Arapahoes Community College will be known as Arapaho Community College after all.
It’s part of a broader shift in the way that the American West is defined by the Arapahs, the native Araphaque people who live in the region.
They are now part of the Cherokee Nation, which also includes the Aribas, Ojibwe, Oglala and Dakota communities.
The name change will go into effect Oct. 1, 2019.
The name Arapala, pronounced “Arapah-lah,” is from the word Arapaa-la.
It will be the first time that the Arepah will be a Native American word, said the school’s president, John F. Patey.
The community is known for its music, art, craft and hospitality, Pateys said.
The Arapaha language is spoken in parts of the A-T, O-T and Dakota territories, where the language is still spoken.
The Arapa language is also used in Oklahoma and parts of Alaska, where its speakers have lived for more than a century.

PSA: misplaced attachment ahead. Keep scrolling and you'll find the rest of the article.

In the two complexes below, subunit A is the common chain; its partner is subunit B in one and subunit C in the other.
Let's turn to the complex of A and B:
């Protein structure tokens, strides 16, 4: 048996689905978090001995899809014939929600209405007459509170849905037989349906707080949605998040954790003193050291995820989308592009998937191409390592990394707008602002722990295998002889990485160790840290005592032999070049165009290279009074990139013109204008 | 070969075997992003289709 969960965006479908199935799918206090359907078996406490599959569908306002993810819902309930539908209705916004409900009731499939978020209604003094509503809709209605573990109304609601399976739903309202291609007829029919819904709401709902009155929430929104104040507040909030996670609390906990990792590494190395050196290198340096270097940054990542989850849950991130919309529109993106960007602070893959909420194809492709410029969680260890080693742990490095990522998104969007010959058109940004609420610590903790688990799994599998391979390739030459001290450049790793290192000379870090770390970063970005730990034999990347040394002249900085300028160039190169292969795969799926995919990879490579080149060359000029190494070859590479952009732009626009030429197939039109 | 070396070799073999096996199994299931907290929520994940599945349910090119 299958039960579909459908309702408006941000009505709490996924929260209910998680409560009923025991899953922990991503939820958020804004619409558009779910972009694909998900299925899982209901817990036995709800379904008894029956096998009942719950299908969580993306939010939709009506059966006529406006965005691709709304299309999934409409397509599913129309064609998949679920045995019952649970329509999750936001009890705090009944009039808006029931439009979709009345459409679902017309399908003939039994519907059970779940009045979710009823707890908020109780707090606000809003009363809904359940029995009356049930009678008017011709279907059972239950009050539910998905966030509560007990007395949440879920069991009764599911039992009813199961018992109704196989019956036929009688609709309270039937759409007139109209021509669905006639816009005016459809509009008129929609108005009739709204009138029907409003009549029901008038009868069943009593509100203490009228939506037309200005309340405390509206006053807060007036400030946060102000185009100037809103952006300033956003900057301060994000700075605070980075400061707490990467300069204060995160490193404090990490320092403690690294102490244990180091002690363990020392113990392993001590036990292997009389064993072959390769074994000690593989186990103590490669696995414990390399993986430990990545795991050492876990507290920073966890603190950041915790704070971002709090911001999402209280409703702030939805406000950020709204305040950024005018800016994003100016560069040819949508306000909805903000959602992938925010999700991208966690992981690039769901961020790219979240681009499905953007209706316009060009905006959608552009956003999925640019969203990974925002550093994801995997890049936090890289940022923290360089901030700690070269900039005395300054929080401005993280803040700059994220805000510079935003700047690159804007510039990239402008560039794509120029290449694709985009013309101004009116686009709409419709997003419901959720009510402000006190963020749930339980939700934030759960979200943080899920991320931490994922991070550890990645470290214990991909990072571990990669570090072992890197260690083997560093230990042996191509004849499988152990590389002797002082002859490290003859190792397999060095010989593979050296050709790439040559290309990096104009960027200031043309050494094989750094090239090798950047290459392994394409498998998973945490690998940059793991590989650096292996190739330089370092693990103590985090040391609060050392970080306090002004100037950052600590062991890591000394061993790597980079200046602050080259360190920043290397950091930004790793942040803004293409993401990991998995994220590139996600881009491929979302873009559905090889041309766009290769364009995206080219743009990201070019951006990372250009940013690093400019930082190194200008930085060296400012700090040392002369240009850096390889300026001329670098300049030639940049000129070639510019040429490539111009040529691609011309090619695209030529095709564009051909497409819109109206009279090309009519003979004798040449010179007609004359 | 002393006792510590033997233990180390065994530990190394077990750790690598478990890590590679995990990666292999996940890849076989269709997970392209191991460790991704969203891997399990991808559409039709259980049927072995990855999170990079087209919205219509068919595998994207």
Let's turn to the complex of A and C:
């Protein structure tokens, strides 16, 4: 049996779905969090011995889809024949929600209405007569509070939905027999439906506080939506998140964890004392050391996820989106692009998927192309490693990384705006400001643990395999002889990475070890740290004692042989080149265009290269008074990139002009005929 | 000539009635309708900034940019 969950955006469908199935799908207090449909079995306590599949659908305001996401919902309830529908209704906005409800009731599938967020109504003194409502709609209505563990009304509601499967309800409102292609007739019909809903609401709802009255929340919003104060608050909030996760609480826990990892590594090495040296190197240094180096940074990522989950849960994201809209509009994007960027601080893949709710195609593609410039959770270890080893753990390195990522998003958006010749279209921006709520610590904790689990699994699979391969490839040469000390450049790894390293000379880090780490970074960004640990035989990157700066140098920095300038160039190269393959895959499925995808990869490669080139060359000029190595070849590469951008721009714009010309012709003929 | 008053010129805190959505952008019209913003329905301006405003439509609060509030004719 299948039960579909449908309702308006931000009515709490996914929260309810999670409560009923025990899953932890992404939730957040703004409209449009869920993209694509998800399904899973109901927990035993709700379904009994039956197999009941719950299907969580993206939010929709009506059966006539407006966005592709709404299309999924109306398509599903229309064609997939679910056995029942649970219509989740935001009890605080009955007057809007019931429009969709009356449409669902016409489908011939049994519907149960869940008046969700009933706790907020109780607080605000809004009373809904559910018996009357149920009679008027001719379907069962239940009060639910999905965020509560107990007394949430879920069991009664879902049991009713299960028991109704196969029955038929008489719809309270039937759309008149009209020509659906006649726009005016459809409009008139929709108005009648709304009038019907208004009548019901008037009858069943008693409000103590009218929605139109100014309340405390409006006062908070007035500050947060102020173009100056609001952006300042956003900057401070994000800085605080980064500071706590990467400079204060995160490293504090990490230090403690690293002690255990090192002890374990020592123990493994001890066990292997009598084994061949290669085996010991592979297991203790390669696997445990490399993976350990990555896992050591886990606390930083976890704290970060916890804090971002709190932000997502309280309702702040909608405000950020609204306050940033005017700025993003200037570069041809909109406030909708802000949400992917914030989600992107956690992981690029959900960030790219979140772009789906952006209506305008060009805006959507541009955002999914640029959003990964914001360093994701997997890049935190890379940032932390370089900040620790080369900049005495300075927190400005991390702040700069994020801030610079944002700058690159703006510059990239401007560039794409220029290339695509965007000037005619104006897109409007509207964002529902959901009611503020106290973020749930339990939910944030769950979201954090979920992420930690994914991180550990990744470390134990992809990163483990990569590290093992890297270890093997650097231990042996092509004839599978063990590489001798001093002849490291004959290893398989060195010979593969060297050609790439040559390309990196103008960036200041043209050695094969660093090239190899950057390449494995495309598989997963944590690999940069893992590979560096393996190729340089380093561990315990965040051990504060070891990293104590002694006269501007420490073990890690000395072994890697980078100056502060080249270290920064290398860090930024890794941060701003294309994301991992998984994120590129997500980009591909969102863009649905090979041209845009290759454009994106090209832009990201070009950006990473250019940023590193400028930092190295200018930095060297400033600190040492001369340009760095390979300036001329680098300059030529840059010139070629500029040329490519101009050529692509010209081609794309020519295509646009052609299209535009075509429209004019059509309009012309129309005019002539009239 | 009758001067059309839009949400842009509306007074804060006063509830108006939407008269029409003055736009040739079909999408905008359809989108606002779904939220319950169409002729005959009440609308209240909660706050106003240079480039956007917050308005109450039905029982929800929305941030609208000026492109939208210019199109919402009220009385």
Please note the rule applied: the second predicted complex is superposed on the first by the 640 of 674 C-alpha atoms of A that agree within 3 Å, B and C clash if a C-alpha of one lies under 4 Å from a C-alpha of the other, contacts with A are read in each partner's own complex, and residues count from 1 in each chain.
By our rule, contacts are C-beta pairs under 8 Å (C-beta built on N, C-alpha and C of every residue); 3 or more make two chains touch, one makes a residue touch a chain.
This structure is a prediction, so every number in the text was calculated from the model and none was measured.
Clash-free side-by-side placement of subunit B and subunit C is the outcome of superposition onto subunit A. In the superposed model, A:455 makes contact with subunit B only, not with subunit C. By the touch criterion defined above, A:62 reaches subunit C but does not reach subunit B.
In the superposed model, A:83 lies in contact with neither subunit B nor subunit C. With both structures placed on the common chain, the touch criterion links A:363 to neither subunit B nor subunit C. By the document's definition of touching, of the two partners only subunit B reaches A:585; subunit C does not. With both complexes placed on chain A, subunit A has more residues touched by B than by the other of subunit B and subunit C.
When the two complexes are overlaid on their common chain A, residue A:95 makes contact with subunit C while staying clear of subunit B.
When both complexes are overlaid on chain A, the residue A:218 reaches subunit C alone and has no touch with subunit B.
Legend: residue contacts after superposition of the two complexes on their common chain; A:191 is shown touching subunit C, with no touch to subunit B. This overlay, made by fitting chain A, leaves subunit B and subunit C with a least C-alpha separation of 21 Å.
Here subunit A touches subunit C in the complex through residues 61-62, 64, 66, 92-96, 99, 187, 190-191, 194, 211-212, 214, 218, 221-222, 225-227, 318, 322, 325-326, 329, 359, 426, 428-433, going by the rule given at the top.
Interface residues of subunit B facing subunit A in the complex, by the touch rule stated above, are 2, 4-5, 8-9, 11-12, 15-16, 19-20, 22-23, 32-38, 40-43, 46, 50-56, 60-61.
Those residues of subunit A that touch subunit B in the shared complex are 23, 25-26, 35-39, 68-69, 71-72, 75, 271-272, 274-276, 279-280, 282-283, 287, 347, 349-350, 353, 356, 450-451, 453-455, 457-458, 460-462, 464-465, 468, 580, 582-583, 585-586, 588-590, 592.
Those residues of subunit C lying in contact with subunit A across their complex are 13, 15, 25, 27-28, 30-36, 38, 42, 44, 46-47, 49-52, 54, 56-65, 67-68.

The term “Arapah” means “one who is wise,” and the name came from an old phrase, according to a news release from the college.
The word is also pronounced “a-rah-pah.”
Arapaho College, founded in 1889, is in the town of Tulsa, Oklahoma.
The school’s first president, Frank W. Fetterman, was born in 1883 in Tulsah.
He was a member of the Oklahoma Territorial Army and served in the Oklahoma City National Guard during World War II.
He died in 1974.
The school also has been at the center of controversy over its racial and gender policies.
The schools mission statement states that its mission is “to provide opportunities for the full integration of all peoples and cultures.”
In a statement Thursday, the school said it had a longstanding commitment to “integrating all of our students into the culture of our nation.”
The school’s leadership has taken a “confrontational approach” to the controversy, the statement said.
“We continue to strive to be a welcoming place for all our students,” it said.
“We have also made clear that we do not tolerate any discrimination of any kind.”